Copyright © Louis Schmier and Atwood Publishing.
Wed, 5 May 1994
No walking today. It was raining like cats and dogs. Nevertheless, I was thinking about Julissa and Mark today. I know what they think about the style of the class. That got me to wondering once again about what my old professors at Adelphi, St. John's and UNC, those who taught me 27 to 36 years ago, might have thought of my less than traditional teaching style. Standing there in their suits, sport coats, and ties, what questions would have raced through their minds as they saw me bounce into class in my less than professorial attire, a blaring boom box in one hand, no folder of lecture notes to be seen, sucking on a tootsie pop, bantering with the students on a first name basis. Would they have thought it "kindergartenish", like by colleague, to have the students create triad crests? Would they have thought it even more childish if they heard the students say to me, "Where's your symbol? You're part of this class. You've got to make one," if they saw me go into my office, get a piece of butcher paper, and get down on the floor with it to create a crest depicting the entire class (By the way, the name for the class that I came up with was the "Tootsie Pops." My motto was "Many flavors: all sweet")? I wonder if they would have judged it "rinky-dink" when they saw my up-raised arm as a "quiet signal"? Would they have thought it "hokey" as they looked on during the first days of the quarter watching each student and me stand up to sing solo a few bars of their choice of a song as an opening ice-breaker, or to take biographies of each other and introduce each other to the class. I wonder if they would have shaken their heads in bewilderment watching blindfolded students being led through an obstacle course of chairs by other students or diving off the desk in the arms of waiting students or falling back into the arms of waiting students in a series of trust-forming exercises. I wonder if they would have raised their eyebrows in astonishment if they saw that I didn't hand out the course syllabus until the fifth day of class or didn't hear any discussion of history until after an entire week had passed? What would their reactions have been to the grouping of the students into triads and watching them taking the quizzes in open discussion and working on assignments collaboratively and getting common grades? What would they have said and done as they watched triads of students jointly presenting to the class a painting, a piece of sculpture, an original song, a game, a poem as the "answer" to a final exam rather than a traditional essay or short-answer questions. I'm not sure they would they have understood the place and purpose of student journaling, of weekly student self-evaluations, and of open class evaluations of me and each other? I think they would have been skeptical of my declarations to the students that "we're all responsible for each other's success" and "it's your class." Most would have been uncomfortable with my practice of letting the students alter the course curriculum. I think some would have been, to say the least, certainly disappointed in the belief that I had gone astray. Some would have been outraged and branded me a traitor to my academic culture. Most would have turned and walked away from what surely would have seemed to them as "unprofessional" shenanigans or "high schoolish" antics. A few might have stayed to ask a ton of questions out of curiosity to see where I went wrong, but I don't think any would have given themselves a whirl at a style of teaching so unlike their own. I don't think they would have been prepared to explore beyond the traditional, to experience questioning of their professional values, and to experience possible personal uprooting. I think they would have been content to remain entrenched in their traditional formal lecturing ways.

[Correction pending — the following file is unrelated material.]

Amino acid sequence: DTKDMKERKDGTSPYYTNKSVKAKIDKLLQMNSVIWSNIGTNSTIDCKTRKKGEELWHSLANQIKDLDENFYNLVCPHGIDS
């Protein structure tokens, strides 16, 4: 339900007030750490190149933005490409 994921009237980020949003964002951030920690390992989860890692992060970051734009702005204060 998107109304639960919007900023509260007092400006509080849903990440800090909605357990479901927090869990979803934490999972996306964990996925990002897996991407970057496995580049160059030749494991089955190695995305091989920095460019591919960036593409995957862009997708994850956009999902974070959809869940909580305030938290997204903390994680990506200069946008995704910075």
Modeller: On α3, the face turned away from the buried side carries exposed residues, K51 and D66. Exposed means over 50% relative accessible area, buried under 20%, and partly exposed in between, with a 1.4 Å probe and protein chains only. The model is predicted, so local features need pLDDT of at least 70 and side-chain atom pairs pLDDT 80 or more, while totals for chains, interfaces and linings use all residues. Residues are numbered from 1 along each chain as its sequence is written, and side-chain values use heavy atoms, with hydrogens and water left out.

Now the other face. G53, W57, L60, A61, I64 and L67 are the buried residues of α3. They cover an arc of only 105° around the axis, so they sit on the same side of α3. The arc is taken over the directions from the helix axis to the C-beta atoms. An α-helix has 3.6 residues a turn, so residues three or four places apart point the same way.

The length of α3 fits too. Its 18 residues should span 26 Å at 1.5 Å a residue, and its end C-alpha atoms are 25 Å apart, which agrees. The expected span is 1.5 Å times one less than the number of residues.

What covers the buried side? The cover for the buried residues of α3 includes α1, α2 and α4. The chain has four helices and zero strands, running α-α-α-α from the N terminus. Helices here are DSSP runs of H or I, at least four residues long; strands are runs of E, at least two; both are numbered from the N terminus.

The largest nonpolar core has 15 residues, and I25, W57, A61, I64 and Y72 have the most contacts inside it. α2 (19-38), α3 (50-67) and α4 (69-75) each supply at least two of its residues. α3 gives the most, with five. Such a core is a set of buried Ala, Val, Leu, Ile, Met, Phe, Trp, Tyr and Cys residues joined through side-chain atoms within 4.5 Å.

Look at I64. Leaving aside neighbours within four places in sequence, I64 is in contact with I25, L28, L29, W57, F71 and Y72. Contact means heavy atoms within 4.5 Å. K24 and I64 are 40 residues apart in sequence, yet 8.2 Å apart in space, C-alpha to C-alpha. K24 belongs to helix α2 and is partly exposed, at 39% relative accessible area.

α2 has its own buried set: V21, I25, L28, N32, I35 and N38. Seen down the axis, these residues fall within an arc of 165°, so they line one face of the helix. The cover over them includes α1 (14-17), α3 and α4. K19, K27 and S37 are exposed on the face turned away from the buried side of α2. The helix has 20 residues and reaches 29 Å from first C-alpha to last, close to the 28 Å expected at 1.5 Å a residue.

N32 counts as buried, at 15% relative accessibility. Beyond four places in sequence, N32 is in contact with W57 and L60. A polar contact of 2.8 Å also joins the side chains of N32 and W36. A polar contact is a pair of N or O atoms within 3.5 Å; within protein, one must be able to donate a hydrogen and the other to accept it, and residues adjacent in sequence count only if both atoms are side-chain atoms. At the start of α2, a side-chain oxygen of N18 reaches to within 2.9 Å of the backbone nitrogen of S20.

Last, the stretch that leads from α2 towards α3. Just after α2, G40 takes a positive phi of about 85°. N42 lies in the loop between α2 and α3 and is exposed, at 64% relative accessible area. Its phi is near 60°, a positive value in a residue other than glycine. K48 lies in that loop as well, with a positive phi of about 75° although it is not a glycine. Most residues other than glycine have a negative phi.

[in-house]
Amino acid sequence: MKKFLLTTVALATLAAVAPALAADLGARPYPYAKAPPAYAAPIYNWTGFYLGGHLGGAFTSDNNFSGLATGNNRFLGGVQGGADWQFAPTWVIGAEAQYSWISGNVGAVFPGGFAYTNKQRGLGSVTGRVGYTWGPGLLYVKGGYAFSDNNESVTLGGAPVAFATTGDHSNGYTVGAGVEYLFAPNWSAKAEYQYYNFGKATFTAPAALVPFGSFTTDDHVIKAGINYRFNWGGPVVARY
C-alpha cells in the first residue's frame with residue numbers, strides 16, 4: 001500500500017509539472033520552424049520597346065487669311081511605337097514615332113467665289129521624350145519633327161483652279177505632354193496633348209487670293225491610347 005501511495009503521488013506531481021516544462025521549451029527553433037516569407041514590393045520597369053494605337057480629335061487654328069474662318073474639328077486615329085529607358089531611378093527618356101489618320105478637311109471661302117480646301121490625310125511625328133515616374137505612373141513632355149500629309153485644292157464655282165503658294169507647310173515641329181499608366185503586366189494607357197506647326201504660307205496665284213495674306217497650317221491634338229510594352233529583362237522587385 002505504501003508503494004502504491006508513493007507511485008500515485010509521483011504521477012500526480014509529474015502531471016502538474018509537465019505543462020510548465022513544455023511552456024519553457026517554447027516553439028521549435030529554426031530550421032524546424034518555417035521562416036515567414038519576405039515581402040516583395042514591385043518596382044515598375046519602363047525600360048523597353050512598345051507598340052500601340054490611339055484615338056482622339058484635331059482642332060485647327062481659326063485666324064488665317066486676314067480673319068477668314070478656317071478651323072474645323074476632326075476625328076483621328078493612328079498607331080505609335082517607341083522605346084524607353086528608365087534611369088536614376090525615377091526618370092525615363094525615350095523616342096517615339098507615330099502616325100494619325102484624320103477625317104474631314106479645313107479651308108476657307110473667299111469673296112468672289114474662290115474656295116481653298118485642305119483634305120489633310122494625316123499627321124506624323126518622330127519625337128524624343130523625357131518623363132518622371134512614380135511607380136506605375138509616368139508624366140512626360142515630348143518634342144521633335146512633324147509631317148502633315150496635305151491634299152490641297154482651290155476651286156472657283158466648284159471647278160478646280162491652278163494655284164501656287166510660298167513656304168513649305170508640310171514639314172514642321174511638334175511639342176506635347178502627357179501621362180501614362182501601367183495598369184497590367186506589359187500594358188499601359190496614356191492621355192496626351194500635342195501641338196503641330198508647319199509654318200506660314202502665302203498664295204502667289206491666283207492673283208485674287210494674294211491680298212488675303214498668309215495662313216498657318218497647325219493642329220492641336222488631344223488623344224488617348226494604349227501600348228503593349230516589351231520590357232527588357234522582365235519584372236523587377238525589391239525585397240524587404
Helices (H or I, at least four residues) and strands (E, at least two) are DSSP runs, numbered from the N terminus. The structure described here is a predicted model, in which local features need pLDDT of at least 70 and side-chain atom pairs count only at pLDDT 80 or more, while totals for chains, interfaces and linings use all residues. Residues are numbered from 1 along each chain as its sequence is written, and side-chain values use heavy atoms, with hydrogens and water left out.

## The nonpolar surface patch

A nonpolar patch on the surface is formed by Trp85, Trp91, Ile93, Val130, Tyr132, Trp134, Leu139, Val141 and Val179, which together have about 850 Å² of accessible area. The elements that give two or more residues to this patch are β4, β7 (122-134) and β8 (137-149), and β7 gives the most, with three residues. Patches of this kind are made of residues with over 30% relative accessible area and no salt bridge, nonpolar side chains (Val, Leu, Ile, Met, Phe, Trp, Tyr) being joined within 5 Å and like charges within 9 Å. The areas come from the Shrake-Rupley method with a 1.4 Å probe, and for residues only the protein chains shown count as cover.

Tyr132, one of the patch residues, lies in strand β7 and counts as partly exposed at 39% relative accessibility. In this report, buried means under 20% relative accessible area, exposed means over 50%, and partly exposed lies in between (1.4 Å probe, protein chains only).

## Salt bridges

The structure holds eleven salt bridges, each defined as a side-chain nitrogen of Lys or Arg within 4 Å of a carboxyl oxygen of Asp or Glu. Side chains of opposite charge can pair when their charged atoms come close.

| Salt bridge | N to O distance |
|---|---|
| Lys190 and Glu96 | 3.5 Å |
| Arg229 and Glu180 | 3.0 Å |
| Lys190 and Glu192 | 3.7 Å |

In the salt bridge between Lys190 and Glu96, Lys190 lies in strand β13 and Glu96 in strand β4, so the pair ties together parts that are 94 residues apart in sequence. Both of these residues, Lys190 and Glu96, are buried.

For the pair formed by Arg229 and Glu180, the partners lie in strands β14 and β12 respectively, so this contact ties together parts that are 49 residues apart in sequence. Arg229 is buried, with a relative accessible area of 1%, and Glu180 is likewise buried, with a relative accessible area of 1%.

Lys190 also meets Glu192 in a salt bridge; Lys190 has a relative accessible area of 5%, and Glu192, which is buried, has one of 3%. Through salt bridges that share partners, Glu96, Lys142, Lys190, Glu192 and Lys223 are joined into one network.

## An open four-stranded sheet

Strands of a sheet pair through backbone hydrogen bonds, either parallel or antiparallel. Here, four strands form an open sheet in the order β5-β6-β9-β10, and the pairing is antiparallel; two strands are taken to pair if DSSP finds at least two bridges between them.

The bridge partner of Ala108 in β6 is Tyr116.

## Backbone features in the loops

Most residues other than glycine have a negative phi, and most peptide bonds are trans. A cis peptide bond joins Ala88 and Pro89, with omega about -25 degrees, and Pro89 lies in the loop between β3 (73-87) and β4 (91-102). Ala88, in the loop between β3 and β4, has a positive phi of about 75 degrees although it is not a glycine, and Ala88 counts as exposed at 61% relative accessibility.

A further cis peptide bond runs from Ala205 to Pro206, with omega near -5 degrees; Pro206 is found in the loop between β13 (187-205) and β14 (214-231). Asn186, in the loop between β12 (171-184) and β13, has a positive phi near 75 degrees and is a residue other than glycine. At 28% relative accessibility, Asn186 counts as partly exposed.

As a defense, I think, most of them would have asserted that to teach all they needed to know was their subject and that there was not much to know about teaching techniques beyond being expert in the subject. Most probably would have proclaimed what good teachers they were by unrolling their professional resumes replete with lists of publications, presented conference papers, consultantships, awards, and grants. Most would have been content to lock the door to exciting new worlds by saying that the non- traditional styles of teaching: "Don't fit my personality," "Are not my cup of tea," "Are not me." Most would have branded anyone using common language rather than jargon as "popular," "non- professional," or "pop" this or that. I don't think most could have found common ground with anyone who didn't lecture. Most would have been unsure of my celebration of "learning and teaching" rather than or equal to any promotion of research and publication. A few would have thought me a pariah because I much prefer to call myself a teacher rather than a professor, to use my title, "Dr.", only when I can get a discount rather than to distinguish myself. Almost all would have rejected the idea that some of my teaching methods, used in the "lower" K-8 world of the "teacher," might have something to teach them about teaching in the "higher" collegiate world of the "professor." Most would have believed that I couldn't cut a proper authority figure or get proper respect without the proper attire of coat and tie. I think most would been extremely nervous about the "real world" of the lay person invading the higher and adored order of the academicians' ivory tower. Most would have been horrified at the prospect of an erosion of the distinction between the two. Most would have been offended by what they deemed a corruption of the traditional academic ethos. Their customs, rituals, ceremonies, outlook, titles, language, dress, and style, like any tribe, were important to these members of a proud and aged intellectual culture.